Predation introduction

A significant number of animals that went recently extinct or are now on the list of threatened mammals have a body mass of 35 g to 5.5 kg which was defined as the ‘critical weight range’ by Burbidge and Mckenzie (Burbidge and Mckenzie, 1989).
These animals seem to be disproportionally vulnerable to predation because of their small size.

22 Australian mammals went extinct since Europeans arrived and foxes and feral cats, which heavily prey on small to medium-sized species, are blamed for the majority of them. (Burbidge and Mckenzie, 1989) Only mammals in heavily wooded habitats that also receive higher annual rainfall have declined less sharply.

Most of the vertebrate species listed under the EPBC Act 1999 (vulnerable and endangered) are susceptible to predation from feral cats and the south-west of WA was declared a priority area for intervention. (Dickman, 2014)

The Perup forest area in Western Australia is a good example for the interconnection of threatening processes and the difficulty of pin-pointing predation as a clear causal agent in ringtail possum decline.
Perup had an almost intact mammal fauna (Abbott, 2008b) until the 1930s even though the cat had been established there since the 1890s.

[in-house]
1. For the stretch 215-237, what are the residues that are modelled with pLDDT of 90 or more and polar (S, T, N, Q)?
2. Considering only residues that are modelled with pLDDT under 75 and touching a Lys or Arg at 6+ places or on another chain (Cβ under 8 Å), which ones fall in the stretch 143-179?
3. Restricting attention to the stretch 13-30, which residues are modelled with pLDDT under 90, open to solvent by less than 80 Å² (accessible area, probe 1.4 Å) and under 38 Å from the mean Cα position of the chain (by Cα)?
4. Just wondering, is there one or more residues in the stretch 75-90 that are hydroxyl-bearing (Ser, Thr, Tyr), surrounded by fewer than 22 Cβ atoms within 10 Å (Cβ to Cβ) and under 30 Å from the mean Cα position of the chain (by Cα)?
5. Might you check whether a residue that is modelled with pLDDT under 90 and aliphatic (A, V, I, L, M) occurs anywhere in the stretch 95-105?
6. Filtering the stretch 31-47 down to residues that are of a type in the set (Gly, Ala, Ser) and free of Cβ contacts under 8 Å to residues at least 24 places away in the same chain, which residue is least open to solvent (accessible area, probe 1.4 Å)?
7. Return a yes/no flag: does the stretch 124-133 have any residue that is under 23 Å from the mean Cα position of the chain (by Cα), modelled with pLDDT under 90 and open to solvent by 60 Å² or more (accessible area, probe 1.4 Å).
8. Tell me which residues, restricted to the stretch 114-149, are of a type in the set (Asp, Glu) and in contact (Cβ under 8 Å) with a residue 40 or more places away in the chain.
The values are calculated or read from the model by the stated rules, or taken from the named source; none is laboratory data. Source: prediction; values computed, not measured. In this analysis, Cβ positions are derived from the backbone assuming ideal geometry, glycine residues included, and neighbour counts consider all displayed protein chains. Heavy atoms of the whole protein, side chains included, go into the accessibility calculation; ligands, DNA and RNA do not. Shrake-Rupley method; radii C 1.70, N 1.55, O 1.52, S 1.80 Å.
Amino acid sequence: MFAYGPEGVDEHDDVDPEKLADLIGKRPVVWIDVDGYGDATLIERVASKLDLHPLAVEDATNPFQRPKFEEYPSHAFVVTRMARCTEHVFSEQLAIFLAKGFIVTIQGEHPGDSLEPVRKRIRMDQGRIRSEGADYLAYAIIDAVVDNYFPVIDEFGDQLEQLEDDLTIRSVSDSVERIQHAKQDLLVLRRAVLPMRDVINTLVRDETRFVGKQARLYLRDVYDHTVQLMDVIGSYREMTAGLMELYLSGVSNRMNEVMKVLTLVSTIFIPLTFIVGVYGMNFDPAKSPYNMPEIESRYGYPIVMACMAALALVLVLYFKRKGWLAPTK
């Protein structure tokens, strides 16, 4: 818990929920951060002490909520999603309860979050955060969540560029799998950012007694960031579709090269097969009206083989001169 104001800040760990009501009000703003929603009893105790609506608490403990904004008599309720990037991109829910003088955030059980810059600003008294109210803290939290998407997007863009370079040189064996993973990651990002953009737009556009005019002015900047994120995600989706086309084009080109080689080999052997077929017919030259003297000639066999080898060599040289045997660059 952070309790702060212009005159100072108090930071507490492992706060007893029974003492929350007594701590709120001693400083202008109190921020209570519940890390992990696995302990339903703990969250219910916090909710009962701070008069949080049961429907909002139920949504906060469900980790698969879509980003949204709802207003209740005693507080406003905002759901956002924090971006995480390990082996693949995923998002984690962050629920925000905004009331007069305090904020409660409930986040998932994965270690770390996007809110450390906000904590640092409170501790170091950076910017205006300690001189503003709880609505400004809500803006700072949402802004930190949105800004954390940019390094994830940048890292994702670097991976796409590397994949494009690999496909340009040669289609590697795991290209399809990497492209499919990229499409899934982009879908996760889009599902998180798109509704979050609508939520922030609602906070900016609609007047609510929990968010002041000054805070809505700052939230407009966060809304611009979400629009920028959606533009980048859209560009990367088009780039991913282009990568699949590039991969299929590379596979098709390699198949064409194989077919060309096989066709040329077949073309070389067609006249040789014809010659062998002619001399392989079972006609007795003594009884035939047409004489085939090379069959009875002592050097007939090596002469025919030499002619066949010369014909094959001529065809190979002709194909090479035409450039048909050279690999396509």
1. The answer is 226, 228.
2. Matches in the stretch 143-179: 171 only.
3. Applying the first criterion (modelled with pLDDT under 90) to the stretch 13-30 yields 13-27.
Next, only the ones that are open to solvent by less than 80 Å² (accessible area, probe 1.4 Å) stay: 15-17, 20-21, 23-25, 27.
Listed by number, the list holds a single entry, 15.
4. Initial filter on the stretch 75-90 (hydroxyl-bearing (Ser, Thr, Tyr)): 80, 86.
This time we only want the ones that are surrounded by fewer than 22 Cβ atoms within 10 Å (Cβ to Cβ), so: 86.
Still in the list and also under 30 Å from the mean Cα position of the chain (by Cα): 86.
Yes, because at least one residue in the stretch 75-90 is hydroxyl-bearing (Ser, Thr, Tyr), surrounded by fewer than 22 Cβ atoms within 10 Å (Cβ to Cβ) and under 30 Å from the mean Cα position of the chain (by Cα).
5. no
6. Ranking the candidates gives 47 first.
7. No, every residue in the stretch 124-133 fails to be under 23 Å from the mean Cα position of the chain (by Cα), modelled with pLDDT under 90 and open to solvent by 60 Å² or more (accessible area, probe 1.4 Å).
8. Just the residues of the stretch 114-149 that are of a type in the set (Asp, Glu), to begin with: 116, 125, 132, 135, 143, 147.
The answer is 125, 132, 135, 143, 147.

Epizootic disease in 1913 and 1930 (Abbott, 2006) had far more devastating effects than the decades of cat predation and decimated populations of both large possum species. 
Even though the fox had been established in that region in 1931 and increased predation pressure, western ringtails were still locally common around 1970. (Dickman, 2014)
However, serious monitoring seems to only have commenced in 1972 and in 1974 ringtail sightings decreased. Reduced use of rabbit control was seen as a major reason for the decline as this resulted in higher fox numbers. (Abbott et al, 2014)
Fox control since 1977 led to a apparent recovery of native species until 1999.
Today up to 99% of ringtails in that area are lost (Wayne et al, 2012) and it is probably fair to say that there is no single culprit.

Higher abundances of ringtail possums in the region were associated with areas that had a high level of fox control (Wayne et al, 2006), which might however have led to mesopredators release (also see 'Mesopredator release') and/or interactions between cats and other introduced species could have caused ‘invasional meltdown’. (Simberloff and Von Holle, 1999)

Predation is a ‘habitat feature’ and should not be discussed without evaluating habitat values and the interdependence with other threatening processes.

foxes and their control